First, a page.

> There are two different parts of XML document validity:
>   a) structure of the document
>   b) content of nodes

c) data dependency 

>                                -o-
>                           Content Validation
> 
> Let's focus on the content first. It's the most important 
> thing for form
> validation. Each preceptor defines some kind of rules, restrictions,
> assertations for the content of nodes of the instance. As 
> general term 
> we will call them "constraints". Probably the most important 
> constraints 
> from the grammar based world (schema,relaxng) are
> 
>   *) regular expressions constraint
>   *) enumeration or choice constraint
>   *) minimum number value constraint
>   *) maxmimum number value constraint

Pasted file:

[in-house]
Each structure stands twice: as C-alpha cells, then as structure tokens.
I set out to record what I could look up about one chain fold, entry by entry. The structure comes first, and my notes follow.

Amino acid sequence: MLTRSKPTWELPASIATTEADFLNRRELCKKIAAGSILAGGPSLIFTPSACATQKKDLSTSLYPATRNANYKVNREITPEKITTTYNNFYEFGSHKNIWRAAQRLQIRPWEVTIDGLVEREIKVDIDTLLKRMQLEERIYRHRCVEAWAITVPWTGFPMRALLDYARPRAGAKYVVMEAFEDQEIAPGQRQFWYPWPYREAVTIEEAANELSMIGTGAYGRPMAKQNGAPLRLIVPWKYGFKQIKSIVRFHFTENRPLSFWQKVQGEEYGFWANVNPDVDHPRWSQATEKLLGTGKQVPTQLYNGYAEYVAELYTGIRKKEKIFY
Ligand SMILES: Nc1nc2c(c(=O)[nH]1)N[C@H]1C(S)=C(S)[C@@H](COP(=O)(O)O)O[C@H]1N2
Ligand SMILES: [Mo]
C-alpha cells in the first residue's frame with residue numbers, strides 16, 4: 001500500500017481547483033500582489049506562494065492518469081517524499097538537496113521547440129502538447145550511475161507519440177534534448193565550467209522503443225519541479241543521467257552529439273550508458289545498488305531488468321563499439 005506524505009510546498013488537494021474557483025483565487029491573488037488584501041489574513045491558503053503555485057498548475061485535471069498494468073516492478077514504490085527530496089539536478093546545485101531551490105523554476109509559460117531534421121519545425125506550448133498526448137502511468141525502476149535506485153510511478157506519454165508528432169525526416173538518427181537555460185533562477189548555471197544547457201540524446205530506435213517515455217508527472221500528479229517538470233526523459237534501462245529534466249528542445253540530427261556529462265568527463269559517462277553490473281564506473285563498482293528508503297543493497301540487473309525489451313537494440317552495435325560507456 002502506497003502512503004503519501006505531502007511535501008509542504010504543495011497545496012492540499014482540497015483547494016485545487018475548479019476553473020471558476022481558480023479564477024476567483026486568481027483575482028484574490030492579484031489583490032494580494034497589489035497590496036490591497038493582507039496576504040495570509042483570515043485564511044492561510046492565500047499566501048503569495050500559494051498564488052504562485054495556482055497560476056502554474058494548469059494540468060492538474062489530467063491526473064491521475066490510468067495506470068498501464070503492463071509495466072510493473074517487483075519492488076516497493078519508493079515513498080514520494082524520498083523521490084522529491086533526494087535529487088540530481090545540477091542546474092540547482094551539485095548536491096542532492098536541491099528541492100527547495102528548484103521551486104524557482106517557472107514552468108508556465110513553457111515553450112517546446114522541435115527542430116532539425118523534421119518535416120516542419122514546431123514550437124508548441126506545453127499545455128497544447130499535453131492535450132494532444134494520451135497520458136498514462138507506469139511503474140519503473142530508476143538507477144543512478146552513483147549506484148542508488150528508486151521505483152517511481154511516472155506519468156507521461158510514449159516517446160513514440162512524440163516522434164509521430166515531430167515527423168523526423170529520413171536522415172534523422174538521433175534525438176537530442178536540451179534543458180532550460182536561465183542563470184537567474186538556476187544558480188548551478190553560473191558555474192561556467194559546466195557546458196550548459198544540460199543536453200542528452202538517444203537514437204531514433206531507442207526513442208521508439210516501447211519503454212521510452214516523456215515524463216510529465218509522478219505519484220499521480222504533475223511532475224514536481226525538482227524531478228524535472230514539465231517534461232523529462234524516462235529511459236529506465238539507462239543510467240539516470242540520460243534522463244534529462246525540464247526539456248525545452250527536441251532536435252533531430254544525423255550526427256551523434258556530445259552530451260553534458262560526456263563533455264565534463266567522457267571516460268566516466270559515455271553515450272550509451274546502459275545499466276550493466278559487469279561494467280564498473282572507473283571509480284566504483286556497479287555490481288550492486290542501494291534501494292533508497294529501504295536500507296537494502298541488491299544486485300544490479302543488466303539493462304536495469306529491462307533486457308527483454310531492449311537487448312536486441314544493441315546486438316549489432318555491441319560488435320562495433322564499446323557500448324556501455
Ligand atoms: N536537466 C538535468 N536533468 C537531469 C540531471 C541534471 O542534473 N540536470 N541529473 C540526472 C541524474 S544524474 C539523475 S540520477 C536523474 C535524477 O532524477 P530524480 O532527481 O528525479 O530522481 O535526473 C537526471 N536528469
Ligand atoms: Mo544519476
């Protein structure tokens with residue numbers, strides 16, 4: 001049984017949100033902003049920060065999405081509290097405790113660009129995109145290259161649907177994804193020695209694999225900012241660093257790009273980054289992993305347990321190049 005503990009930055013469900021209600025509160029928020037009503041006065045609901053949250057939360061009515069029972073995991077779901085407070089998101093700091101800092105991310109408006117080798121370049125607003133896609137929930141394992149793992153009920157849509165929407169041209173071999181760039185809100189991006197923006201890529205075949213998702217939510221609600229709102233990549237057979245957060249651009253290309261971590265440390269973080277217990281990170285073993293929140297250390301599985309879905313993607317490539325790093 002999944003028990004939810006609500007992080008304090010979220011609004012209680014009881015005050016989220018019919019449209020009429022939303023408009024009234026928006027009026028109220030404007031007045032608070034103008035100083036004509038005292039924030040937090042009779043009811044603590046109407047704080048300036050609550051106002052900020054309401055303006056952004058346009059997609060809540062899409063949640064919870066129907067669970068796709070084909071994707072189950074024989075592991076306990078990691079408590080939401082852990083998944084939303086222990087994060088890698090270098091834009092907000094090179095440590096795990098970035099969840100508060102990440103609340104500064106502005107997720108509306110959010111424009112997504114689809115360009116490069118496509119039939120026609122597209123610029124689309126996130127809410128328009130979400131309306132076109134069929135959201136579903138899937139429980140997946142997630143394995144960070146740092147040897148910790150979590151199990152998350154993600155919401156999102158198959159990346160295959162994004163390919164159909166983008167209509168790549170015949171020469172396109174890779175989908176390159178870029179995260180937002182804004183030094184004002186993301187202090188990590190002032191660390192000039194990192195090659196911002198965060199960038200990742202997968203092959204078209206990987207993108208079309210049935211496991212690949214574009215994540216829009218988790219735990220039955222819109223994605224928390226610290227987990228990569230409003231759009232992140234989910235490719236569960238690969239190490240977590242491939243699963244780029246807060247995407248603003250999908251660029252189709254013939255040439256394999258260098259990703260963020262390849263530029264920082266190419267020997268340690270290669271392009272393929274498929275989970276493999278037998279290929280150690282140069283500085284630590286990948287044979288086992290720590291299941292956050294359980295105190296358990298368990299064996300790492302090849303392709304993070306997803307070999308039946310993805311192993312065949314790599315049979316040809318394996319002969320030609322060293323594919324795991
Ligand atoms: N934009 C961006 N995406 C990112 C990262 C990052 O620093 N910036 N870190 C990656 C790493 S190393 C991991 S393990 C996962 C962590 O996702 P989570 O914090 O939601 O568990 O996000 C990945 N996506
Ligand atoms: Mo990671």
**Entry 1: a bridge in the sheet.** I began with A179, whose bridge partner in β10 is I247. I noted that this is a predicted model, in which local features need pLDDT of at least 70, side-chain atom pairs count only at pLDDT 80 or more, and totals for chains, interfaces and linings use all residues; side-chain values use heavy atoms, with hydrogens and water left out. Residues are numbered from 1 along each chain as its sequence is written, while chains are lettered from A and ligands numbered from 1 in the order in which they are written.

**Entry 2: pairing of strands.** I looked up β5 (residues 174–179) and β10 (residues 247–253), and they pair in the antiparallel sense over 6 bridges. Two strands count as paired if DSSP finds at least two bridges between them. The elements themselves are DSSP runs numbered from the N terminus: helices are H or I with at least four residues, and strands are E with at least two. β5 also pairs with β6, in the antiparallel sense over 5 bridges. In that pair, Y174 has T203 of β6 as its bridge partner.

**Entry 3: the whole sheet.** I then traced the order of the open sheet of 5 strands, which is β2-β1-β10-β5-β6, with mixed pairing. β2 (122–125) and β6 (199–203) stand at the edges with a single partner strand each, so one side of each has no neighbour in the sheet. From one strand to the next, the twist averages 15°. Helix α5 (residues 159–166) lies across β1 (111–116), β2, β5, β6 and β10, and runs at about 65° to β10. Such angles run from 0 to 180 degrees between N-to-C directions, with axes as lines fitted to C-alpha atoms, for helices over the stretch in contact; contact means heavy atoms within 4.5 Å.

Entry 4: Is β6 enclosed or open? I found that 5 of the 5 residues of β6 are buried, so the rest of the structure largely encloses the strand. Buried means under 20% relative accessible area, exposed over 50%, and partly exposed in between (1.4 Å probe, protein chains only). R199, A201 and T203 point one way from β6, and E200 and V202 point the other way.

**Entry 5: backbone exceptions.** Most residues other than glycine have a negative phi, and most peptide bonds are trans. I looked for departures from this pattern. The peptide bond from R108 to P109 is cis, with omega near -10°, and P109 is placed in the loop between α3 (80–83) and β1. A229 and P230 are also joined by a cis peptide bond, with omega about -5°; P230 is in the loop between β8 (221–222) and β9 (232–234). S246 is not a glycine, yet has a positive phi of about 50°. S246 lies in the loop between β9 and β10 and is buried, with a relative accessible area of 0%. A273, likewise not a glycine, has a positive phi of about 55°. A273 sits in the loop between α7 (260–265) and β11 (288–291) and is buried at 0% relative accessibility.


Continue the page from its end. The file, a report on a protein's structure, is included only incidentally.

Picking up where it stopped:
>   *) minimum string length constraint
>   *) maximum string length constraint
>   *) ...
> 
> While schematron only has a single but very powerful constraint that
> combines all the above into the
> 
>   *) XPath expression constraint (except for regex until XPath 2.0)

We can use XForms markup for model schema description and use Schematron for
validation. Although, I'm not sure for other implementations.

> 
>                                -o-
>                           Structure Validation
> 
> The structure validation takes care of the instance to conform to a
> described xml structure. We have not yet aggreed if the 
> structure should
> be fully described by the preceptor or a partial describtion may be
> sufficient. This decision has a major impact on the building of the
> instance and the implementation details.

What about the validation against contraints? Say, 'required' fields? Maybe
we can develop our own validator for XForms binding contraints?

> 
>                                -o-
>                           Building the Instance
>